Death on a Milkweed

Walking out of our yard today to walk Bonita the Beagle, I glanced quickly over a few young milkweeds growing on our curb next to the street.  Something under one of the leaves caught my eye.  This, to be exact:

Podisus maculiventris

Spined Soldier Bug nymph eating Monarch Butterfly caterpillar

Bonita the Beagle was visibly miffed at being dragged back into the house and stashed in the foyer while I grabbed a camera and rushed back out to record this unusual (to me) life and death drama.  At first I was convinced that this was some kind of a small weevil feeding on this young monarch caterpillar.  Later on, after the heat of the battle had faded and I had time to scour the internet, I’m pretty darned sure that this is the nymph of Spined Soldier Bug (Podisus maculiventris).

Podisus maculiventris

Spined Soldier Bug nymph (Podisus maculiventris)

Judging from the 2-3 millimeter size and the coloration and patterns, I suspect it is a 2nd instar (to see more stages, go here).

These little munchers seem to be pretty voracious in all their stages and are found pretty much all over the U.S. and up into Canada, but I had never seen one doing this before.  Keep in mind that this tiny bug is bearing the entire weight of the relatively huge caterpillar by its mouth parts, probably slurping that poor thing up like a malted milk shake while it’s doing it.  Yum.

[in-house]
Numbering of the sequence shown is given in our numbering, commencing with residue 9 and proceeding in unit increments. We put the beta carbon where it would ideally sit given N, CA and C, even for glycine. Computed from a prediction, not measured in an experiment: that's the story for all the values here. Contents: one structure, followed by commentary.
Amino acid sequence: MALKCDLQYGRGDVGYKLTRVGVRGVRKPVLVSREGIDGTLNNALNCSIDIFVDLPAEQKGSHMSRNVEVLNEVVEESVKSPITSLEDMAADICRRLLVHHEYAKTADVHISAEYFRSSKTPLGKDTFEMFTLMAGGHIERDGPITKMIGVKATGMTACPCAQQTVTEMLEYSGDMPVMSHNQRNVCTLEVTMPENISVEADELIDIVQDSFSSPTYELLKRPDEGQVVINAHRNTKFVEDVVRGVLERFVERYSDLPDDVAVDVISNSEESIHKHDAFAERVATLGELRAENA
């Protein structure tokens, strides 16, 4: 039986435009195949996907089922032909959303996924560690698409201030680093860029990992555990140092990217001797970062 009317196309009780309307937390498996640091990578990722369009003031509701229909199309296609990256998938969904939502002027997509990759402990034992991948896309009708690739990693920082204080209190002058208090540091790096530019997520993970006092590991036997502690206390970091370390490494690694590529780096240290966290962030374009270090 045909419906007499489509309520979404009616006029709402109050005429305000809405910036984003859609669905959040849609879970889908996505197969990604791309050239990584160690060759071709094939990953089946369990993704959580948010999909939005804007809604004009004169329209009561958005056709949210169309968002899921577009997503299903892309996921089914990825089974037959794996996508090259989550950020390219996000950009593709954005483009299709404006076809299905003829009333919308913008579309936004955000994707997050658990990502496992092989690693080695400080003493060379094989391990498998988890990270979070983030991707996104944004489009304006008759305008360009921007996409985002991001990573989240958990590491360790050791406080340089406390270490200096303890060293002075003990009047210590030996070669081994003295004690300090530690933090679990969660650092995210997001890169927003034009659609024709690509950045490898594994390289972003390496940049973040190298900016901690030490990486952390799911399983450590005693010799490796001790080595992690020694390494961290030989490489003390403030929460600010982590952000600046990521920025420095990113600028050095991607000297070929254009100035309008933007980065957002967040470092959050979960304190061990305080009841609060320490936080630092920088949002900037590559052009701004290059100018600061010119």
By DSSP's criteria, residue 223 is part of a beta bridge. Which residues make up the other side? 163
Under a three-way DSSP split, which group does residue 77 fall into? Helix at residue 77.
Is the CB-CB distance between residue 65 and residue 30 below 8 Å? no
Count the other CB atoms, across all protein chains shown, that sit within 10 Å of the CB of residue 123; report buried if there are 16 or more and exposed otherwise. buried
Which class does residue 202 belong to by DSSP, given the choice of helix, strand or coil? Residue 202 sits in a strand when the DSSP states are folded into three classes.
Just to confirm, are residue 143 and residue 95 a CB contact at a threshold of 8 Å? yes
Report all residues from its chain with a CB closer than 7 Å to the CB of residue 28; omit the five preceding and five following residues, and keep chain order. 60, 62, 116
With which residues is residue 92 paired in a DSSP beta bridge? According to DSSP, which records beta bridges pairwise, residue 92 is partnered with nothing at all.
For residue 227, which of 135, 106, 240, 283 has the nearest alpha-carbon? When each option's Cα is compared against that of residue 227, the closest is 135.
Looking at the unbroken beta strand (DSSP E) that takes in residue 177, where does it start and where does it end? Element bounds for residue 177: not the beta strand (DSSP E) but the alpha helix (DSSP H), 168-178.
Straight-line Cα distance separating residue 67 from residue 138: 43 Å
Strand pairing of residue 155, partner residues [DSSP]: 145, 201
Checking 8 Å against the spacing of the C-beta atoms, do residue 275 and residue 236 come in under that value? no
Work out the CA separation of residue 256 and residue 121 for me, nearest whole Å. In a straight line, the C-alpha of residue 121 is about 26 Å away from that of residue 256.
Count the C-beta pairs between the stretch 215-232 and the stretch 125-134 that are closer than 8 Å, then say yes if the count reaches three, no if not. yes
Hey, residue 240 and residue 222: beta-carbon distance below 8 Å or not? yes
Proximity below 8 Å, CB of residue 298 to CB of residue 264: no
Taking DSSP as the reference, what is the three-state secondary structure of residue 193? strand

Podisus maculiventris

Spined Soldier Bug nymphcarrying Monarch Butterfly caterpillar down milkweed stem

Too bad in a way.  Monarchs don’t need any more enemies these days, but nature is what it is.  In our yard, it’s pretty much what it wants to be.

Oh, yeah.  Bonita the Beagle got to resume her walk a little later.  She seems to have forgiven me.


This entry was posted in Insects, Photography and tagged , , , , , , , , , . Bookmark the permalink.

11 Responses to Death on a Milkweed

  1. Dawn says:

    I expect you love what you do as much as I love what you share. Probably more. Thanks. Keep lovin’.

  2. Yes, nature can be cruel. And especially hard to take with a creature whose numbers (or at least migration numbers) are limited. I’ve been freaking out lately with lots of squealing baby birds and large numbers of crows in the neighborhood. Makes me want to close the windows.

  3. roug says:

    That is a great (if grisly) picture and makes it clear that this is not the weevil that attacked my caterpillars a couple years ago. Where I live I will not see monarchs for at least another month. I’m looking forward to their return–the weevils–not so much.

    • Randy Tindall says:

      Thanks for getting back to me. I was sure this was a weevil when I first saw it, but it didn’t take too long to track the real identity. I don’t know if you use, but it’s a super resource. You can register for free and upload pictures for experts to identify.

  4. Sarah says:

    what is the name of the beetle that is eating the milkweed?

  5. Sarah says:

    oh i didint mention i love butterflyes so thats why i whant to know the name of that beetle thing 😉

Leave a Reply to Randy Tindall Cancel reply

Your email address will not be published. Required fields are marked *